Making Sense of TOS Auxiliary Control

Discussion in 'Trek Tech' started by mickemoose, Oct 28, 2012.

  1. mickemoose

    mickemoose Ensign Red Shirt

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    The subject of TOS auxiliary control has me a bit confused.

    A lot of TOS deck plans I've seen (FJ's blueprints included) show an auxiliary control located in the saucer. I believe FJ labels his an "emergency bridge" and is located at the very heart of his main deck (deck 7). Unless someone can convince me otherwise, I have a hard time accepting the placement of a back-up control center in the saucer.

    Take, for example, "The Doomsday Machine." Spock informs that "the entire bridge is damaged and uninhabitable," but "the rest of the ship seems able to sustain life." Obviously, had the entire saucer been uninhabitable, an aux. control in that hull wouldn't have done Decker any good since he would've been forced to seek survival and control of the ship in the engineering hull. In fact, it's quite possible that the aux. control room where he was found slumped over was in the engineering hull.

    Hull separation would also require a back-up control center in the engineering hull. FJ must've been aware of this and includes another "main bridge-style" aux. control at the front of deck 19. (It looks like a bridge, so this must be a back-up control, right?)

    I suppose if only the main bridge was disabled (as in "Doomsday Machine") and there was minimal damage to the other decks in the saucer (decks still able to maintain life support), an aux. control located somewhere in the middle of that hull (such as where FJ placed his) would make sense. I just can't see having an aux. control in each hull. Seems like overkill.

    I'm not a big fan of FJ's TOS blueprints. There are a lot of things in his plans I don't agree with. I'm merely stating where he placed his aux. control centers.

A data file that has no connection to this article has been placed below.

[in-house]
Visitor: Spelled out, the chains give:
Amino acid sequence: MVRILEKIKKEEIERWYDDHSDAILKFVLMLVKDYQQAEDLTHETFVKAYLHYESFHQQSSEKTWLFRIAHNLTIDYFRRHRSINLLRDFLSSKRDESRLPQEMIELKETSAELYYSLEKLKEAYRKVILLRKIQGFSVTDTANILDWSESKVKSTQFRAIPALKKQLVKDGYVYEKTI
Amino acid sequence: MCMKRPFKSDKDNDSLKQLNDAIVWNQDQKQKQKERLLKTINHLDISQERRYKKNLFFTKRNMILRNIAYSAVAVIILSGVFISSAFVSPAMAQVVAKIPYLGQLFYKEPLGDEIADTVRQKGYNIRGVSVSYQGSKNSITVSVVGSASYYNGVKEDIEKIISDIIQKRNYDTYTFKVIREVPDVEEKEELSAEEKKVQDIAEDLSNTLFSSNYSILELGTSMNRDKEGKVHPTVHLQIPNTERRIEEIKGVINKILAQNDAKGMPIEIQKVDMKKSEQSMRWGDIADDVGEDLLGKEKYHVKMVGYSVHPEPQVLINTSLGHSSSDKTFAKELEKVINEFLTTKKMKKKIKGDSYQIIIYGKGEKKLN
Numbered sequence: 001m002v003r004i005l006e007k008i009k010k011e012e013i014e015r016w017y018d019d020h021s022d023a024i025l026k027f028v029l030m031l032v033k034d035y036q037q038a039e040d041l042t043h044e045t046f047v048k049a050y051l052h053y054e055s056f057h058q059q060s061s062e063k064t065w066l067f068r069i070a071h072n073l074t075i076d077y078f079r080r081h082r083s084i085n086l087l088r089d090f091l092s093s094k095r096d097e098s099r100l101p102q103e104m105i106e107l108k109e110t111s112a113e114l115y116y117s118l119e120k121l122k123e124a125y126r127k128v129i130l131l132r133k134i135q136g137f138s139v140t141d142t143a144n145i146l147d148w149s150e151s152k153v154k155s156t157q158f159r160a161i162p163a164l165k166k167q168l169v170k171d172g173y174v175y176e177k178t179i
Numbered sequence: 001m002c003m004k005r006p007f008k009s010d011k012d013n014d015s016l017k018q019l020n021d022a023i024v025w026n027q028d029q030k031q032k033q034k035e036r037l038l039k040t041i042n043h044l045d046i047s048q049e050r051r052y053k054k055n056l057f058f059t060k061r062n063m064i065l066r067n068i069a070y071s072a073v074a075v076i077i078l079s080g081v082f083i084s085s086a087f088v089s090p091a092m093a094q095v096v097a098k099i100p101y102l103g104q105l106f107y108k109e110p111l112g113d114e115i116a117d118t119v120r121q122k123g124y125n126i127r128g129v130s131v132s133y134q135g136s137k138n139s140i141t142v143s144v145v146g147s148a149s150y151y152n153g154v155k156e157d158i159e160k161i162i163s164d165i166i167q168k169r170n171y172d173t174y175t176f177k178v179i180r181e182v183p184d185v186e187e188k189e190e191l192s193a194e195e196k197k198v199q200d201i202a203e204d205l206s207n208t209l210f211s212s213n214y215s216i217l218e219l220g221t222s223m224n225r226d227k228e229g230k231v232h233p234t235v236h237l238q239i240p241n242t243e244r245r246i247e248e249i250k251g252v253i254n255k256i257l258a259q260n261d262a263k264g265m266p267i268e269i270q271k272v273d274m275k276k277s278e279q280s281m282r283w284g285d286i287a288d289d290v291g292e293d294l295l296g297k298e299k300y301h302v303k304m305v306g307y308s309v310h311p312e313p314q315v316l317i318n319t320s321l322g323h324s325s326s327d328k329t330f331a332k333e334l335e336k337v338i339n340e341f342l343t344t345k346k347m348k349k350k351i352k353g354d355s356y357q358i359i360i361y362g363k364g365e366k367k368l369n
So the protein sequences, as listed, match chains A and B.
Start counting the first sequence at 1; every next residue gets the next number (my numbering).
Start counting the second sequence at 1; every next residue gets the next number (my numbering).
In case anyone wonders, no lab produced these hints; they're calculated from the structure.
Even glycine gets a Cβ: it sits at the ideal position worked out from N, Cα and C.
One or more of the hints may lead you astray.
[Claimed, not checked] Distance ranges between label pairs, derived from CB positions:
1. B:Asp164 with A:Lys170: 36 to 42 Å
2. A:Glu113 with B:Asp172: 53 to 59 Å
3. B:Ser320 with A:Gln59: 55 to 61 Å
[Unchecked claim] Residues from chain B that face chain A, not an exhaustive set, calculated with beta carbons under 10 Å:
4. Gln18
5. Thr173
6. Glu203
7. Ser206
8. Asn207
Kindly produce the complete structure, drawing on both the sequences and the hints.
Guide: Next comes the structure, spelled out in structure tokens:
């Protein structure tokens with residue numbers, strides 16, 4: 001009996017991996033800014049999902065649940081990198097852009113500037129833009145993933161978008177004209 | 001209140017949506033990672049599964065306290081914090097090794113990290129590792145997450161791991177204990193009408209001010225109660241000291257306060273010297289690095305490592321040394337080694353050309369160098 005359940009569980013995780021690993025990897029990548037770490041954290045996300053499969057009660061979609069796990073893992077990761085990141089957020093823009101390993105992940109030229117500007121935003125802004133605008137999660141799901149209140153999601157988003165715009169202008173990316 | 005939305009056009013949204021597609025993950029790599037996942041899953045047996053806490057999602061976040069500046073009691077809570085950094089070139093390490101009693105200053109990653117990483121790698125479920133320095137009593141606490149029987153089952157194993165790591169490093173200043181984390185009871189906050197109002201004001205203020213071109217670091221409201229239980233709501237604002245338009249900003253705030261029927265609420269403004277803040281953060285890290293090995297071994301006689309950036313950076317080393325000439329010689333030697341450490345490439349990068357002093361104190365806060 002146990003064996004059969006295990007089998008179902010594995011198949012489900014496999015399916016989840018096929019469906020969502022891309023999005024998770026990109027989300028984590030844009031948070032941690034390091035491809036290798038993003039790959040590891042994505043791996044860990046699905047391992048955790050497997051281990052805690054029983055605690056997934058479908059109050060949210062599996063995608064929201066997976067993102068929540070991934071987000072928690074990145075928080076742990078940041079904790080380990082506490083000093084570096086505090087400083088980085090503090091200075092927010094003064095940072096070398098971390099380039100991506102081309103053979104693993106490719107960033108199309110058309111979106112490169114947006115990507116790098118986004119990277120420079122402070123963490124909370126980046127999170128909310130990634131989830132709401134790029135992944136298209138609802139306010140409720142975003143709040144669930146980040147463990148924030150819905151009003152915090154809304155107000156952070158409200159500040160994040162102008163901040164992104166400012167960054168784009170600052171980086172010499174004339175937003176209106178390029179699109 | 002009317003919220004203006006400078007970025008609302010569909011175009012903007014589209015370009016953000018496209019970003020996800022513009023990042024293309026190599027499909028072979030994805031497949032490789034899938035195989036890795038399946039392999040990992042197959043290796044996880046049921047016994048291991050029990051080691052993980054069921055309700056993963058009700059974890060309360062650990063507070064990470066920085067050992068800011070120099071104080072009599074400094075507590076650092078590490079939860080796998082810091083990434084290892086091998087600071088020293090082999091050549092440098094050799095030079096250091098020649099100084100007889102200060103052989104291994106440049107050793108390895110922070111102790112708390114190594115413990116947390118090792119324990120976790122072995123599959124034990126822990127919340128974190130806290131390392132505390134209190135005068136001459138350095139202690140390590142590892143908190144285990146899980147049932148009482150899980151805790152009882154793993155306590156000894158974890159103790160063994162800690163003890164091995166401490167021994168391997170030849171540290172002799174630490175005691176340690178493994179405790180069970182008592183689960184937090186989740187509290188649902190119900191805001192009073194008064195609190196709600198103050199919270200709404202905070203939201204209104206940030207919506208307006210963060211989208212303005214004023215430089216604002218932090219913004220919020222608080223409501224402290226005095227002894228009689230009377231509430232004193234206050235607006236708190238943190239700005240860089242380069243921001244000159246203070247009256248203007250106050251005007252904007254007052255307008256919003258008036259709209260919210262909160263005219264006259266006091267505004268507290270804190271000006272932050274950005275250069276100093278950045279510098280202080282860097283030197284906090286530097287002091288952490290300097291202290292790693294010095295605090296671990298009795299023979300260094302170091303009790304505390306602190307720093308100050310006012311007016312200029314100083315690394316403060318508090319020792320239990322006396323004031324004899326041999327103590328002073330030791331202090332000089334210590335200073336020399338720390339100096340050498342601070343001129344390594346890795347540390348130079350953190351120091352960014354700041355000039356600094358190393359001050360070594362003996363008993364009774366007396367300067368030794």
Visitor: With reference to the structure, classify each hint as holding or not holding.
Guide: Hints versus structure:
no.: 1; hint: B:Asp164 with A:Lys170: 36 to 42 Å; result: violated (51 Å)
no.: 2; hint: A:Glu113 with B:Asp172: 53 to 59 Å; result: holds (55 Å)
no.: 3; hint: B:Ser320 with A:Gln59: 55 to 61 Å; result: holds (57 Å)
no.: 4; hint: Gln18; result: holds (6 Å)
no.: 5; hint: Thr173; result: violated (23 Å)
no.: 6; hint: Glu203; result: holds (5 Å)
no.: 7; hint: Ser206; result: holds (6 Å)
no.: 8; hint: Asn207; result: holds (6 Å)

Any thoughts or perceptions about this? Would like to read other's ideas for where aux. control should be, and their reasons why.

    Thanks for your input!
     
  2. AmbassadorKosh

    AmbassadorKosh Lieutenant Red Shirt

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    I can actually see a secondary control center in the saucer in TOS Star Trek. Unlike the TNG Enterprise, which was essentially two fully functional ships docked together, the TOS Enterprise was not. If a Constitution class starship had to perform a saucer separation, it was an extreme emergency situation and the engineering hull and warp nacelles were simply discarded. Now if the saucer was that catastrophically damaged then the crew would take to the escape pods, shuttles and/or transporters to find safety. There is additional tactical value in having the secondary bridge in the saucer, if the bridge is rendered unusable or captured by hostile forces, the command staff can retreat to the secondary bridge and take measures to reestablish control of the ship from there. This could be as simple as activating the controls there, in the event the main bridge is destroyed or deactivating the primary bridge controls in the event of hostiles occupying the main bridge.
     
  3. Wingsley

    Wingsley Commodore Commodore

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    mickemoose brings up a couple of ideas in the O.P., which can wind up at odds with each other.

    (1: The notion of saucer-separation, as applied to a Constitution-class starship. We know that Galaxy-class starships were capable of the hulls operating independently of each other, but it was always confusing to me how a Galaxy-class saucer would be much good to its inhabitants if the saucer only offered impulse power (presumably a sublight propulsion technology) and the starship separated while in deep space. It was never made clear if a Constitution-class vessel had this capability as well. (The notion sounds plausible to me, and would make a great deal more sense than packing the hull with lifepods, but the whole notion of propulsion is still there regardless of the era.) It is never made clear in TOS, TMP or the other subsequent movies that saucer-sep would result in the stardrive section somehow being "discarded"; we really don't know what its functionality (or lack thereof) would be.

    (2: The notion of how to control a starship if the main bridge is damaged/captured/destroyed. This is also tricky territory in TOS. In TNG, it was a given that bridge control (security lockouts permitting) could be accomplished from the Battle Bridge atop the stardrive section, or from main engineering; but only while the saucer and stardrive section are united. While the Enterprise was somehow able to take control of the Starship Lantree remotely (prefix codes?), it was never made clear if/how the method could be used between a saucer and stardrive section while separated. But even more interesting, it was never made clear in TNG what would happen if a Galaxy-class saucer separated and the saucer's bridge were either damaged, captured or destroyed. How would a saucer's crew control the saucer without the bridge, particularly if the stardrive section were away on a mission?